CHARLESTON, S.C. (WCSC) - Staff at Roper St. Francis Healthcare say a lot has changed in their response to COVID-19 since the virus was first discovered in South Carolina.
During a meeting with the Charleston Metro Chamber of Commerce on Friday, two top staff members with the hospital gave an update on what they’ve experienced.
Dr. Chris McLain, the chief physician officer at Roper St. Francis Healthcare and the COVID-19 physician lead, was joined by Chief Strategy Officer and COVID-19 incident command lead Craig Self.
“The initial spike of the disease that we saw really was manageable, and the numbers at the time felt tremendous because everything was new,” McLain said about the virus in the spring. “But of course, hindsight, with the volumes we’ve been seeing later, of course, we were just getting warmed up.”
Self says the hospital is working to address staffing shortages, which is a problem in many hospitals around the country.
“We have a lot of work going on in that pipeline to cross-train nurses and working to bring additional nursing to our system,” he added.
The hospital system is also experiencing glove and gown shortages because those products are mostly made overseas. However, they are not short on ventilators, which was a concern at the beginning of the pandemic.
“Initially we expected that about 25 percent of patients would end up on a ventilator, but what we’ve been seeing lately is 10-11 percent,” Dr. McLain said.
He attributes this to changes in treatment from the beginning of the pandemic until now.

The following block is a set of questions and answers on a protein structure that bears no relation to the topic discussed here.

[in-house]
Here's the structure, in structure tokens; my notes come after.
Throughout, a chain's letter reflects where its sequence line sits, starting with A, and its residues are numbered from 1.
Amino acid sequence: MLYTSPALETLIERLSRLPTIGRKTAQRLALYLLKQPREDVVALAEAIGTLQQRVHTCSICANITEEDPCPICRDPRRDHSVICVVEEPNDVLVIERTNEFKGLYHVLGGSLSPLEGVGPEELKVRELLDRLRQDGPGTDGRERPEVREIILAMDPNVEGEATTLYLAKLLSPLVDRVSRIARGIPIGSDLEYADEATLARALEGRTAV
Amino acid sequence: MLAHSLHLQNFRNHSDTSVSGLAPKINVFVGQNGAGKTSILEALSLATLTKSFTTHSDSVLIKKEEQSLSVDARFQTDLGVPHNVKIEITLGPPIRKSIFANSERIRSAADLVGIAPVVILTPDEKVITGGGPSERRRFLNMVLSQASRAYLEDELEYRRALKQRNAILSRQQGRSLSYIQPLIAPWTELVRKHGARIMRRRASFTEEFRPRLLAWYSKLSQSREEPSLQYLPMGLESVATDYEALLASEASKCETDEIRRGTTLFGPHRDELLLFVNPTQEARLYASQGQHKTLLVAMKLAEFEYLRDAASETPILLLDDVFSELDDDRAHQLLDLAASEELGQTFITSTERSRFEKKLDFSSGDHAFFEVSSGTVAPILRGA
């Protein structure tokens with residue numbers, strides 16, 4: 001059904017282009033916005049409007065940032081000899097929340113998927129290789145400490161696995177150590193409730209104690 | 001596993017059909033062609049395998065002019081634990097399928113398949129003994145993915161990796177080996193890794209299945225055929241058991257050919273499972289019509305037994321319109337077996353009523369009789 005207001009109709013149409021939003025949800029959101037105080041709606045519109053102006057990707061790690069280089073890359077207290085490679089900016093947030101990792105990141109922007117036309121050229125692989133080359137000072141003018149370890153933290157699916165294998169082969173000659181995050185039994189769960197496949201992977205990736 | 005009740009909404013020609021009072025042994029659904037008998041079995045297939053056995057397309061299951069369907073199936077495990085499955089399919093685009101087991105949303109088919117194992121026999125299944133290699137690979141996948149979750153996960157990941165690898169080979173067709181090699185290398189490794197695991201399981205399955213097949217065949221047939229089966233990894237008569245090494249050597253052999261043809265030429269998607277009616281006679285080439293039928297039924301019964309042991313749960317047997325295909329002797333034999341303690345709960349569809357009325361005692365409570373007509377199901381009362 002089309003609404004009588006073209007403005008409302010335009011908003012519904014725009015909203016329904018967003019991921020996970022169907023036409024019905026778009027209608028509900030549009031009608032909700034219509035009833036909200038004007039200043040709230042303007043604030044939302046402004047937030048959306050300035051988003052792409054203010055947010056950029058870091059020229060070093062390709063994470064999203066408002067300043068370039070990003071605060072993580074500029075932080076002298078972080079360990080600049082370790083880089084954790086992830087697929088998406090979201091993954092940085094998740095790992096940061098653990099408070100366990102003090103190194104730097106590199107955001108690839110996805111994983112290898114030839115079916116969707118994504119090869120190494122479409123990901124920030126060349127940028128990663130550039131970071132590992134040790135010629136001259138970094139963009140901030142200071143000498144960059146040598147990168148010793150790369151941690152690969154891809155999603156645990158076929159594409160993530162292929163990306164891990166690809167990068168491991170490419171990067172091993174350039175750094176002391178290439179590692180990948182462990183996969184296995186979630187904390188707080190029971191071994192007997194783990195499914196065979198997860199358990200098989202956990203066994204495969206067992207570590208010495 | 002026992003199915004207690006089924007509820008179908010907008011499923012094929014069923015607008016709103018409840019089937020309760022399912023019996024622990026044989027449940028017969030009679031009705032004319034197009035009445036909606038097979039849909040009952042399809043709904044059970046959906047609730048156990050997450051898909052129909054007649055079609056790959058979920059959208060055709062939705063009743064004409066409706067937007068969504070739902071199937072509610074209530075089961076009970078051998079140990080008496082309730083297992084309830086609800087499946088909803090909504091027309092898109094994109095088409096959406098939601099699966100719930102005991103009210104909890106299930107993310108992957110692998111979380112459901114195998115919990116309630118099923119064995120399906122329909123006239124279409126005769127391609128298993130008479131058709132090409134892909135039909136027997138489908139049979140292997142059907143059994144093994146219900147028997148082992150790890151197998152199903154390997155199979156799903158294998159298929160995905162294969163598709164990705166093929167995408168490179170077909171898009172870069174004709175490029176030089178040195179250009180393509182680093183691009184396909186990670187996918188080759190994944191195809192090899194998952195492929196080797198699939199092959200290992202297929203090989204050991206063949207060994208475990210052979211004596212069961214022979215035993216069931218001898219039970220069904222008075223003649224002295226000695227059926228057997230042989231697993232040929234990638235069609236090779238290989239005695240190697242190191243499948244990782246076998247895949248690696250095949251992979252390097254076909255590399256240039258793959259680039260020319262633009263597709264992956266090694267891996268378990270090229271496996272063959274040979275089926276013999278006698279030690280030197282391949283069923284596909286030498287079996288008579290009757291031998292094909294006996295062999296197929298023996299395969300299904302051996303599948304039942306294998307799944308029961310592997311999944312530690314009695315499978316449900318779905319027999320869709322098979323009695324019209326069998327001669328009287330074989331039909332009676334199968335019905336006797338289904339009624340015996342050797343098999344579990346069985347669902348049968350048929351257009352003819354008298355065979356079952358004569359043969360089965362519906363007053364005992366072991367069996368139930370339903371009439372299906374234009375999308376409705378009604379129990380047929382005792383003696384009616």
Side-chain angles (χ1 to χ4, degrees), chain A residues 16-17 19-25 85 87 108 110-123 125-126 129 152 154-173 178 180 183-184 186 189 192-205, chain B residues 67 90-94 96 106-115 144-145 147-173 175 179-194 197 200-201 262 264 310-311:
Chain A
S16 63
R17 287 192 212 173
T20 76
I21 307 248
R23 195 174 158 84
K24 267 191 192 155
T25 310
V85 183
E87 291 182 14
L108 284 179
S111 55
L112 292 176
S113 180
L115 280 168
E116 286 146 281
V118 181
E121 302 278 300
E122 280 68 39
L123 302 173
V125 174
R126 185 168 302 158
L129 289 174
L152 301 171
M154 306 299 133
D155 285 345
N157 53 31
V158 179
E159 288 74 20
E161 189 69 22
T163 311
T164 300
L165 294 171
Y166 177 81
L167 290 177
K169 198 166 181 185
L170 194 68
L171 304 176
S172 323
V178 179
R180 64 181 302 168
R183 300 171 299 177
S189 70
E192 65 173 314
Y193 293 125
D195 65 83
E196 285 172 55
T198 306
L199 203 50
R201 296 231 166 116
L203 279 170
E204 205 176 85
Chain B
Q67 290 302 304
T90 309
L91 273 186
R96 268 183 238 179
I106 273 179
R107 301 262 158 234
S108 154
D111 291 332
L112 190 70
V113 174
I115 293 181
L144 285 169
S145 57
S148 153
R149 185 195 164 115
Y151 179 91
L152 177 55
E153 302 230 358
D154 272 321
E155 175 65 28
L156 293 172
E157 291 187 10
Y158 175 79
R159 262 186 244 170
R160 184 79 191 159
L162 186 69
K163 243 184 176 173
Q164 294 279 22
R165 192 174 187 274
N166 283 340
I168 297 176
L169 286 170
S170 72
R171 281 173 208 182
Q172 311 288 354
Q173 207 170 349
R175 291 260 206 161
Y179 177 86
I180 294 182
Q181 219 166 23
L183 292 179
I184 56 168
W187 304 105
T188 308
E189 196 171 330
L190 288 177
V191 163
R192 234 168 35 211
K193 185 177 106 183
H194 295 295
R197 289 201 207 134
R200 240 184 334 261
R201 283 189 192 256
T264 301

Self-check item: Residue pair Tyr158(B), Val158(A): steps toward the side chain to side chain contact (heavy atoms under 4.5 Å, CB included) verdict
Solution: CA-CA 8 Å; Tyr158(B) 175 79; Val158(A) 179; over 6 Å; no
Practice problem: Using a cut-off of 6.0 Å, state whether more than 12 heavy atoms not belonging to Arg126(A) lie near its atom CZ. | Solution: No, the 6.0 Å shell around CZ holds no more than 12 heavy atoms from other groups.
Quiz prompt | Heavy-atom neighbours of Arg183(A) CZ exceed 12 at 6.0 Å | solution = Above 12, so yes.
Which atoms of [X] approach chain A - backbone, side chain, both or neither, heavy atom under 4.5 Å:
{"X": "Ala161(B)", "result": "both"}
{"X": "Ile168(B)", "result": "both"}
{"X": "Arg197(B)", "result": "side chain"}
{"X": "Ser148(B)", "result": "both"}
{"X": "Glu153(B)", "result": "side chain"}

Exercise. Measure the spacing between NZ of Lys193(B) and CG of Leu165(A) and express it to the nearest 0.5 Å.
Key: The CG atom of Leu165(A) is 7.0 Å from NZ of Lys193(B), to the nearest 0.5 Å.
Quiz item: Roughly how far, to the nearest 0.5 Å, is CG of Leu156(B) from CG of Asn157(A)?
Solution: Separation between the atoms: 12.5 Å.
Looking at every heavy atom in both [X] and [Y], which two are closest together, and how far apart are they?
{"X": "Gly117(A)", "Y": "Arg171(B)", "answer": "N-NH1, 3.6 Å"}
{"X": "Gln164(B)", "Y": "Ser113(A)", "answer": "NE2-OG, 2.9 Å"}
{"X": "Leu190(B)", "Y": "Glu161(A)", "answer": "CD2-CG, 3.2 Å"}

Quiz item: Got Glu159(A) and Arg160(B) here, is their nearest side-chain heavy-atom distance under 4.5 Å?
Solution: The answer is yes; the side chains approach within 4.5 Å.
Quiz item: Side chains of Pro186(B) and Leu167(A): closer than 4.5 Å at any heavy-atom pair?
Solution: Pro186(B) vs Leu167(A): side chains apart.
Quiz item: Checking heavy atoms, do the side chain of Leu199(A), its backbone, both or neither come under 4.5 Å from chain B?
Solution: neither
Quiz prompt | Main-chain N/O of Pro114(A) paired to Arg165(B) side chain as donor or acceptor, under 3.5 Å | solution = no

“The way in which we treat folks and try to keep them off the ventilator has been vital in the overall morbidity and the length of stays in hospitals,” he added.
The good news is the spike in cases South Carolina experienced after Memorial Day may be leveling out.
“We’ve started to see a trend of stability,” Dr. McLain added. “In the last 24-48 hours, we have seen a slight decrease of in-patients we’re treating. I’m not ready to call that a trend yet but we’re moving in that direction which is encouraging to me.”
He said he’s often asked about school this fall and admitted it’s a tough decision.
“If schools start back, the incidence of disease is most likely going to go up. We shouldn’t sugar coat that,” he said while also acknowledging the importance of face-to-face education for students.
He said the biggest concern right now is not that children will get too sick from the virus, but that they will spread it to more vulnerable family members.
“It’s not an easy situation,” McLain added.